Video: A Tiny Bridge of Floating Water

David Pescovitz blogged about this phenomenon previously, but until now I'd never seen a water bridge caught on video. PhysOrg explains:
When exposed to a high-voltage electric field, water in two beakers climbs out of the beakers and crosses empty space to meet, forming the water bridge. The liquid bridge, hovering in space, appears to the human eye to defy gravity... Initially, the bridge forms due to electrostatic charges on the surface of the water. The electric field then concentrates inside the water, arranging the water molecules to form a highly ordered microstructure. This microstructure remains stable, keeping the bridge intact.
After the jump, check out more video of this crazy weird awesome phenom.Spiral flow visualization Density gradients Two thermographic visualizations Laser deflection
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7 Responses to Video: A Tiny Bridge of Floating Water

  1. David B. says:

    Can this support any weight other than it’s own?

    That would be even more interesting…

    BTW, do you have a link that details how to reproduce this experiment?

  2. Adam Nix says:

    Playing all these videos at once is like being at some weird art installation.

  3. JamesPadraicR says:

    I doubt that it would be possible on large scale, or hold more than its own weight.

    What I’m wondering is, if one of the beakers has food coloring, would the color siphon (can’t think of better word) to the other?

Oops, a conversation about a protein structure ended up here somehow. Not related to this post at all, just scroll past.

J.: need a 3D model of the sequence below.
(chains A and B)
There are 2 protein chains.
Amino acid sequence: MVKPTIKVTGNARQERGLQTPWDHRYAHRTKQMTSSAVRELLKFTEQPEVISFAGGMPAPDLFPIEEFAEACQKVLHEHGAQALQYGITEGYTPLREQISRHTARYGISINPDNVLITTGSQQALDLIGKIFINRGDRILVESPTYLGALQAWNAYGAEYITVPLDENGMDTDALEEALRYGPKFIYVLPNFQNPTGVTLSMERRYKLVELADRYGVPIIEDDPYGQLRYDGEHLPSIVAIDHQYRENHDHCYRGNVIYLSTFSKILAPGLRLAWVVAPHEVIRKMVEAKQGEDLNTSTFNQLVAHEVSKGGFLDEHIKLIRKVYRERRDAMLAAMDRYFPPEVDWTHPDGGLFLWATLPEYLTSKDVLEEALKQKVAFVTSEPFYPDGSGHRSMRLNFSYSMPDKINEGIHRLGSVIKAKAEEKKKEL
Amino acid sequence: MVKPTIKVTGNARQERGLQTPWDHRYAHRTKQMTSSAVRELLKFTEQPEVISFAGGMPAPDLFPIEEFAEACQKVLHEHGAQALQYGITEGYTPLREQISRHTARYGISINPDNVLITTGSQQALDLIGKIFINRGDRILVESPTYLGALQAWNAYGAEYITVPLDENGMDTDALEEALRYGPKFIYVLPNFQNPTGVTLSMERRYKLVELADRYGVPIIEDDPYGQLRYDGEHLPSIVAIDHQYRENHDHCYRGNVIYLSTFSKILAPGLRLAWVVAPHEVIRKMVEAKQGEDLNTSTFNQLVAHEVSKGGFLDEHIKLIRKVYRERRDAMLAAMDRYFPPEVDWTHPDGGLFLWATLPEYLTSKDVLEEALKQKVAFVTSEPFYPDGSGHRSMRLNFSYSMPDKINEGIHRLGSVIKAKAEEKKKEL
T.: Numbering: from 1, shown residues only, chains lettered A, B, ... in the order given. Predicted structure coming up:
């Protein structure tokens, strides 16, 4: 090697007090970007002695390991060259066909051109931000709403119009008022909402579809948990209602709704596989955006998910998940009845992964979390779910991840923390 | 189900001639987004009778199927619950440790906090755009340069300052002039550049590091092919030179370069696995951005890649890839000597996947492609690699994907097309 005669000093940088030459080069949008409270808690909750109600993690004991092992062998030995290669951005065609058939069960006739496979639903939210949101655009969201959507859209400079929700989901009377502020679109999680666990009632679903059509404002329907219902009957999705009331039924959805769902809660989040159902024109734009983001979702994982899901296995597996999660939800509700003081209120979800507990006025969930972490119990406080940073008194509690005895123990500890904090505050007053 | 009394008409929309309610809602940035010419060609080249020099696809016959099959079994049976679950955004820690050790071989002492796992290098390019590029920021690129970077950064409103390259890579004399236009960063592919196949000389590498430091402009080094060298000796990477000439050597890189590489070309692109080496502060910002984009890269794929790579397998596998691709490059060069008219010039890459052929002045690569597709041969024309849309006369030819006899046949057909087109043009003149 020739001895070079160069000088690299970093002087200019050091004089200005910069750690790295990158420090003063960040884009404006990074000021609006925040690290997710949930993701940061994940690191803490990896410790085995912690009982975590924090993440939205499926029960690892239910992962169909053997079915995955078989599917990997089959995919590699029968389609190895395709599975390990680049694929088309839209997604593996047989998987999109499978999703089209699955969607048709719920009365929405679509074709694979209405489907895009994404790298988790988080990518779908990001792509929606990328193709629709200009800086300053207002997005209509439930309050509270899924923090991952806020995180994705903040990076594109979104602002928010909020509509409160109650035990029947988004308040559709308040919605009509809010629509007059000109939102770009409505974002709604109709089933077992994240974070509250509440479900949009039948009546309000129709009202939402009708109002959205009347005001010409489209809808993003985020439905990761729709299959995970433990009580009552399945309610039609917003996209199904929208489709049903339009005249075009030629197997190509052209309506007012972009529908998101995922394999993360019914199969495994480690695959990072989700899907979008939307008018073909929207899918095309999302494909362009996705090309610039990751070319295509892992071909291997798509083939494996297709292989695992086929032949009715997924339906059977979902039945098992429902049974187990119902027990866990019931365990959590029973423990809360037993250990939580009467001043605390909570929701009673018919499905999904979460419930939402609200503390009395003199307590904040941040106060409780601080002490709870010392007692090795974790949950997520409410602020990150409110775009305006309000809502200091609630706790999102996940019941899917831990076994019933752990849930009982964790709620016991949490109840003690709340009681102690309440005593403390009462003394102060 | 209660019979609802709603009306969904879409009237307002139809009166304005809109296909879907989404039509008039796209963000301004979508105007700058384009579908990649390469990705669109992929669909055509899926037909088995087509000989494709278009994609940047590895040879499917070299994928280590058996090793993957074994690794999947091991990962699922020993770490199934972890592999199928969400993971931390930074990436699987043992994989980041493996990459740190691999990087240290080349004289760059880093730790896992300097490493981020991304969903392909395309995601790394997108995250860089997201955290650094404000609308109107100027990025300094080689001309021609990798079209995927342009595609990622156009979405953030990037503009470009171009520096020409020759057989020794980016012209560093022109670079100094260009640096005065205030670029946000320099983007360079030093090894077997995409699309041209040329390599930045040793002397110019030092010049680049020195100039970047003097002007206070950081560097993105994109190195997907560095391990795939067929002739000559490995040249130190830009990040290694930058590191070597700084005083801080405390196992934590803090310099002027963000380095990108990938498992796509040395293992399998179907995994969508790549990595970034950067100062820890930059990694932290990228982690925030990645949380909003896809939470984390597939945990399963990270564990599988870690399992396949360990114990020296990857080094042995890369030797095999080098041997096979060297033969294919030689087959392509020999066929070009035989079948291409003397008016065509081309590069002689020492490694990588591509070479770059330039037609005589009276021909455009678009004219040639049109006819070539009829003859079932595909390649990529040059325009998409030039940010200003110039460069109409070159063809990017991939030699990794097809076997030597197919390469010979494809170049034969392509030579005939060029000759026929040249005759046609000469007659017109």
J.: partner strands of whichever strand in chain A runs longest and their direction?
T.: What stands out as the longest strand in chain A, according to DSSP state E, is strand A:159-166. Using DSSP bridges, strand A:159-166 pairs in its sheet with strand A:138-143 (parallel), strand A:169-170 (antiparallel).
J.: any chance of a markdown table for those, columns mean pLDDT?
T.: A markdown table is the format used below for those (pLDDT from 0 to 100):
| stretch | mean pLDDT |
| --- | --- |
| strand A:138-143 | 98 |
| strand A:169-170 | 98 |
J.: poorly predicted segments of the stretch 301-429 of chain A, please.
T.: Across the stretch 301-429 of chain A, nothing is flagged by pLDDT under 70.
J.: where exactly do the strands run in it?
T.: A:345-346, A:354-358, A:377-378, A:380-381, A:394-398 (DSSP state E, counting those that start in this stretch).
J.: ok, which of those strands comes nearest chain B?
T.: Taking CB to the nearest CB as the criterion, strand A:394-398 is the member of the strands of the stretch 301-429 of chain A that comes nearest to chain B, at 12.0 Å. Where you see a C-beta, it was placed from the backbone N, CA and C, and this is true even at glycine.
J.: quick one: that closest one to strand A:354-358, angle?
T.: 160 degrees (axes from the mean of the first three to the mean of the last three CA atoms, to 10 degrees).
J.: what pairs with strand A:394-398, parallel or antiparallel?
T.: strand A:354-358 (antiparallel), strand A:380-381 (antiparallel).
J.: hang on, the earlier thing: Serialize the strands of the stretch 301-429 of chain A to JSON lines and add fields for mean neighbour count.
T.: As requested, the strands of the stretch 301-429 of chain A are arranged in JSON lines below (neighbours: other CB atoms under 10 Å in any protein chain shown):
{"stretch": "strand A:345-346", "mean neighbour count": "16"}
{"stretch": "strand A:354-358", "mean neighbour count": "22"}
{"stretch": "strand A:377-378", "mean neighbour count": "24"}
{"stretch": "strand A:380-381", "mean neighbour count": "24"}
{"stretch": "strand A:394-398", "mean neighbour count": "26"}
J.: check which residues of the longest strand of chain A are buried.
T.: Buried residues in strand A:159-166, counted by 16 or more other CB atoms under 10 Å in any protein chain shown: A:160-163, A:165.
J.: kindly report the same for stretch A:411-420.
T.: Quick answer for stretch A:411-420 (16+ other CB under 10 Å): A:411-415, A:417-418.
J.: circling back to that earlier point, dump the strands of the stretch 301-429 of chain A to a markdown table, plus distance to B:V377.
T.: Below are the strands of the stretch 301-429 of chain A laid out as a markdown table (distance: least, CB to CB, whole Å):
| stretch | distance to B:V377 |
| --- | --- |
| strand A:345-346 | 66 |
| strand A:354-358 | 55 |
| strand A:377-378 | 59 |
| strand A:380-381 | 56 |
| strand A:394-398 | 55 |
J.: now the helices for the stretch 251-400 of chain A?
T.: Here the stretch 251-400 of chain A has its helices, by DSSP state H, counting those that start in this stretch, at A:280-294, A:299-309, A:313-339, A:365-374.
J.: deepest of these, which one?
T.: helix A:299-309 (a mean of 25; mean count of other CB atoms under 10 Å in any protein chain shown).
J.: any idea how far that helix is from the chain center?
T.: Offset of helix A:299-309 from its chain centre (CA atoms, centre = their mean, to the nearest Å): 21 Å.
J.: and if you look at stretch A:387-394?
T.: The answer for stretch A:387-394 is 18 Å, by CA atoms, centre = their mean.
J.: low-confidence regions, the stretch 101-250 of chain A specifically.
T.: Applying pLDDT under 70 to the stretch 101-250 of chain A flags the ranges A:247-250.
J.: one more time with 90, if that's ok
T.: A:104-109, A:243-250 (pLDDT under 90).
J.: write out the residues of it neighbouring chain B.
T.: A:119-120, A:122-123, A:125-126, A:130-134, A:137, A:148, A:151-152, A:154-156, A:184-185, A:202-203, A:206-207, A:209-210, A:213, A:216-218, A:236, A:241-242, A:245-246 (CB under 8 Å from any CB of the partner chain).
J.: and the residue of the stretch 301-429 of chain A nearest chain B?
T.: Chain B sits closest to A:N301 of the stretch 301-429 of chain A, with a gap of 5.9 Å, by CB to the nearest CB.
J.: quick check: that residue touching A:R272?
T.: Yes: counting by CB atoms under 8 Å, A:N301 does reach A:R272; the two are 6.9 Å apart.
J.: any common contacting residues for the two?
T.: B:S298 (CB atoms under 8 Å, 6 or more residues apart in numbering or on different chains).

4. overunger says:

    So…. possible to do this in large scale? Hmm? Hmm??

  5. Multiplicity says:

    I love these clips and I think this kind of thing can provide the opportunity for some really interesting physics. At this level it is possible to create a visualisation of quantum effects. Brownian motion is such a phenomenon. A Bayesian approach is best, think of an experiment, think of what outcomes might occur and what hypotheses would explain these outcomes, then see what happens. For example, if the water is as pure as possible and then you add small amount of atoms, molecules, nano particles, how does that effect the motion of the fluid, the length of sustainable pipe, the manner of fracture when it breaks, what does it tell us about the structural tensions inside the liquid? Change the temperature and what changes occur? Change the outside air pressure, provide ultrasonic vibrations to the glass jars, microwave the liquid to add energy to the tube, etc.

    Surface tension is ultimately a quantum phenomenon, the normal push and break actions of a liquid full of motion of molecules become a pull and hold, but for how long, do they stay there at the surface or is it a statistical hold, a jostling crowd still but one where motion is restricted to some degree. This is a fascinating world about which I think we know very little. Maybe we could have a similar bridge with two heavy gases in each jar, would a bridge also form?

    Have fun

    PS _ I know there is no such thing as temperature and pressure at this level so please excuse the shorthand.

  6. alowishus says:

    I am reminded of The Abyss.

  7. dculberson says:

    And here I thought World of Goo was fictional.

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